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  • Writer's pictureScott Carr, Jr.

Lesson 13: Practicing Daily Prayer

Note: This is a Sunday School lesson by Scott Carr, Jr based on ch. 15 in Dr. Tim Keller's book, "Prayer".

* We’ve talked about various elements of how to practice prayer. Now, we are going to put it all together.

* 1 Thessalonians 5:17; 1 Corinthians 10:31; Colossians 3:16-17

* Daily prayer is an ancient practice (Daniel 6:10). Monastic communities had seven fixed hours of prayer in the Middle Ages. As time has gone on, the number of hours have been reduced, but they still maintain regular times of prayer. English Reformer, Thomas Cranmer, in the Book of Common Prayer, retained times of morning and evening prayer that everyday people were meant to follow. The calendar had two chapters of Scripture read in the morning and two in the evening. Other Protestant groups followed suit and had a Daily Office structured around the reading of Scripture. Calvin set up five times of prayer each day; in the morning, before work, before meals, after meals, and when going to bed. Most Protestants developed a habit of private morning prayer and evening family prayer. Throughout the 20th century, there were numerous pamphlets offering guidance on how to conduct daily devotions. They suggested finding a quiet place and to spend time considering what it means to meet with God. The person would have a journal to jot down their thoughts during Bible study, and then give the same amount of time in prayer.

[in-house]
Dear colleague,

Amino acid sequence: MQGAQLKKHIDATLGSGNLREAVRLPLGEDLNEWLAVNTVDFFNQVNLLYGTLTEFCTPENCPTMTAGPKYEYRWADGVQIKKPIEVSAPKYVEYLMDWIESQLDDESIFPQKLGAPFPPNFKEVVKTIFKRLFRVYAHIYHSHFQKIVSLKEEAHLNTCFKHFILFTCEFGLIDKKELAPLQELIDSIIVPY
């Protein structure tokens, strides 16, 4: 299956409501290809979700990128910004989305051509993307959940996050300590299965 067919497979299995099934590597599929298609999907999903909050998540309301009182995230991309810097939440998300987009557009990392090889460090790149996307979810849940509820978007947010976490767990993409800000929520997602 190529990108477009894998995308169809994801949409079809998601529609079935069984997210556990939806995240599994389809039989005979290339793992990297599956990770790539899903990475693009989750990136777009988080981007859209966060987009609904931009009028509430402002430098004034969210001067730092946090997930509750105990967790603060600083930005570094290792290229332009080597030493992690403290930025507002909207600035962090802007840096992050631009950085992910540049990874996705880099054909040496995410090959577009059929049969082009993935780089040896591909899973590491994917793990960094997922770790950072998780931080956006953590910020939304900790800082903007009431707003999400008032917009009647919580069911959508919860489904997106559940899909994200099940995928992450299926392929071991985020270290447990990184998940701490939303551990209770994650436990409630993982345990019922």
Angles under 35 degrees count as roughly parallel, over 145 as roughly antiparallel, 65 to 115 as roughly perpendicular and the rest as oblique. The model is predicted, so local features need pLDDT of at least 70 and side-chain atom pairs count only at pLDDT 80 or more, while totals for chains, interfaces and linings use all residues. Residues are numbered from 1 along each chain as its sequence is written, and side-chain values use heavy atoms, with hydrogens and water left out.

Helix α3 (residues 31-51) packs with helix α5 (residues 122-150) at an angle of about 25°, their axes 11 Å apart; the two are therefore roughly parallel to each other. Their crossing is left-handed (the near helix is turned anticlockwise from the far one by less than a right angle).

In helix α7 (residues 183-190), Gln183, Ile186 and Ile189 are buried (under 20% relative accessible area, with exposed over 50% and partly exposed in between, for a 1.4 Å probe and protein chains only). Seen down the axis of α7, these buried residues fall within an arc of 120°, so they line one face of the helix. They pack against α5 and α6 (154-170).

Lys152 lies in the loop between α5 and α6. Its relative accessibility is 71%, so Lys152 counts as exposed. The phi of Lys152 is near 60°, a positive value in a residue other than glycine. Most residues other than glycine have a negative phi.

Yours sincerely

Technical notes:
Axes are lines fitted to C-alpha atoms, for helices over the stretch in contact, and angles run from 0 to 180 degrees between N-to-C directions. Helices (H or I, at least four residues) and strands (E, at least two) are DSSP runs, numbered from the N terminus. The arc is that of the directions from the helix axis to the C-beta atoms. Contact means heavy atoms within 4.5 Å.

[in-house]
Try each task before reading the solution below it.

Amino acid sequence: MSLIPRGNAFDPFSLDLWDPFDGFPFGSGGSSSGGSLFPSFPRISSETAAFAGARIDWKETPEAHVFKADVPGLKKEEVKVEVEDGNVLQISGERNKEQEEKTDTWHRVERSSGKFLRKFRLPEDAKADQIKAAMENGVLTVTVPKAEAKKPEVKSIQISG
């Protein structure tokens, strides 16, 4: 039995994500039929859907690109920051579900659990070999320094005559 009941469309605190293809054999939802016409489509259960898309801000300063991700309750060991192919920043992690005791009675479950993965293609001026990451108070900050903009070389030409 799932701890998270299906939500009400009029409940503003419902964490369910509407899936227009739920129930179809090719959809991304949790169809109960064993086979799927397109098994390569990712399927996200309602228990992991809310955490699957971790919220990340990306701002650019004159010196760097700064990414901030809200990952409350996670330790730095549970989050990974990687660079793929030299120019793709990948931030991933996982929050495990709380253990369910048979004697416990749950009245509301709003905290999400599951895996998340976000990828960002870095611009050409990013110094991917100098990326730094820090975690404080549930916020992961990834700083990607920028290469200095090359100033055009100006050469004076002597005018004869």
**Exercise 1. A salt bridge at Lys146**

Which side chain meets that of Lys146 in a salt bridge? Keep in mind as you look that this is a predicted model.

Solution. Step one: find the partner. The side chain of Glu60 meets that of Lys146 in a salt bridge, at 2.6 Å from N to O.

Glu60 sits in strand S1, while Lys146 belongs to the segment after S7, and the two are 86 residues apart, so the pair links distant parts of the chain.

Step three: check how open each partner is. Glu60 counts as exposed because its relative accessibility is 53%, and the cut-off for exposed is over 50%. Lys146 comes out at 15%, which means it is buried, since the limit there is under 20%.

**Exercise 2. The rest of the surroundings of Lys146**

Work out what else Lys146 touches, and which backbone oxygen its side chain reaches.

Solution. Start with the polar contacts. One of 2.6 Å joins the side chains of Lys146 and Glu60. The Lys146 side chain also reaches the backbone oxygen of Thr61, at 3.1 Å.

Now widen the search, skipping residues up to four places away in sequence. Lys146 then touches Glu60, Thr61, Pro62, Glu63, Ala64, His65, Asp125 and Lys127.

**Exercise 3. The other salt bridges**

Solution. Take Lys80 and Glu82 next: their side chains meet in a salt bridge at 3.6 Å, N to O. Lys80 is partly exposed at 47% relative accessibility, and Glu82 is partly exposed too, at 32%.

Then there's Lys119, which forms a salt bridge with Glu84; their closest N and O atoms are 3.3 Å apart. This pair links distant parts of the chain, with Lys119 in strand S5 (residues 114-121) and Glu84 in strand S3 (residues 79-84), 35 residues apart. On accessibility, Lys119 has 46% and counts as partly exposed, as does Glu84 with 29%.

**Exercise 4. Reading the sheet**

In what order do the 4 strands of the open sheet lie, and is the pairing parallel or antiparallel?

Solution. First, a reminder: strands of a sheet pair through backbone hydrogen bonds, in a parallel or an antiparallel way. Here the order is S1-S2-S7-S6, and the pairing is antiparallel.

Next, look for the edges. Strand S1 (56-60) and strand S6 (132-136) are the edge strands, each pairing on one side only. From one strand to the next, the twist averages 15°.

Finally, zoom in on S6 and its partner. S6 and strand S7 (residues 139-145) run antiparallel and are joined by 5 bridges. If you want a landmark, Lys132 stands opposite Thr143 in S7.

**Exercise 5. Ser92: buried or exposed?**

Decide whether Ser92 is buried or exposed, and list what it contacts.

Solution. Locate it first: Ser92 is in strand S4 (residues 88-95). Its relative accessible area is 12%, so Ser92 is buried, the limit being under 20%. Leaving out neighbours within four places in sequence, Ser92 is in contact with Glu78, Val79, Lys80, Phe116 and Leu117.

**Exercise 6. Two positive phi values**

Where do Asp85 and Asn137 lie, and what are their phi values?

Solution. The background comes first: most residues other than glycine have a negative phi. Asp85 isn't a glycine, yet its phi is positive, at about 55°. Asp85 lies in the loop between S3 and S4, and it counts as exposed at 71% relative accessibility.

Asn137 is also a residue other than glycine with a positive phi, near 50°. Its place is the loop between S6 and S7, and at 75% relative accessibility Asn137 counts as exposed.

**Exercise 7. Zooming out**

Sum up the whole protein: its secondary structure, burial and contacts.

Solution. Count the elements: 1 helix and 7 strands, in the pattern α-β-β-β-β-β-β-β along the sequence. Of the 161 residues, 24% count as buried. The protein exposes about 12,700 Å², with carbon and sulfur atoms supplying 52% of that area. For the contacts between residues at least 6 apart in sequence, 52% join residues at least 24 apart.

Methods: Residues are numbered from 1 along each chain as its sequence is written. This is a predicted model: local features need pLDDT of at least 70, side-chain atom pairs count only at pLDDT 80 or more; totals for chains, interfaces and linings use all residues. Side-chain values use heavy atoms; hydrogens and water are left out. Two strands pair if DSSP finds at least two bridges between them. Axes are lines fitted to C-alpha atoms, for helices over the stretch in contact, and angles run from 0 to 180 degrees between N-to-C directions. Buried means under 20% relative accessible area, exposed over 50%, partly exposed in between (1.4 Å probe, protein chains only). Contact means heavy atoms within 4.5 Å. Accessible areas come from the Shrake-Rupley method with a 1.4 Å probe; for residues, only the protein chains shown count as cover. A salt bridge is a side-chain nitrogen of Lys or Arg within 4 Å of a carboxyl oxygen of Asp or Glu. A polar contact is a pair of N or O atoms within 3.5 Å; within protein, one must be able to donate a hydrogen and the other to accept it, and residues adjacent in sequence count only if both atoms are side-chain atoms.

* George Mueller’s Meditation Questions:

1) Is there any example for me to follow?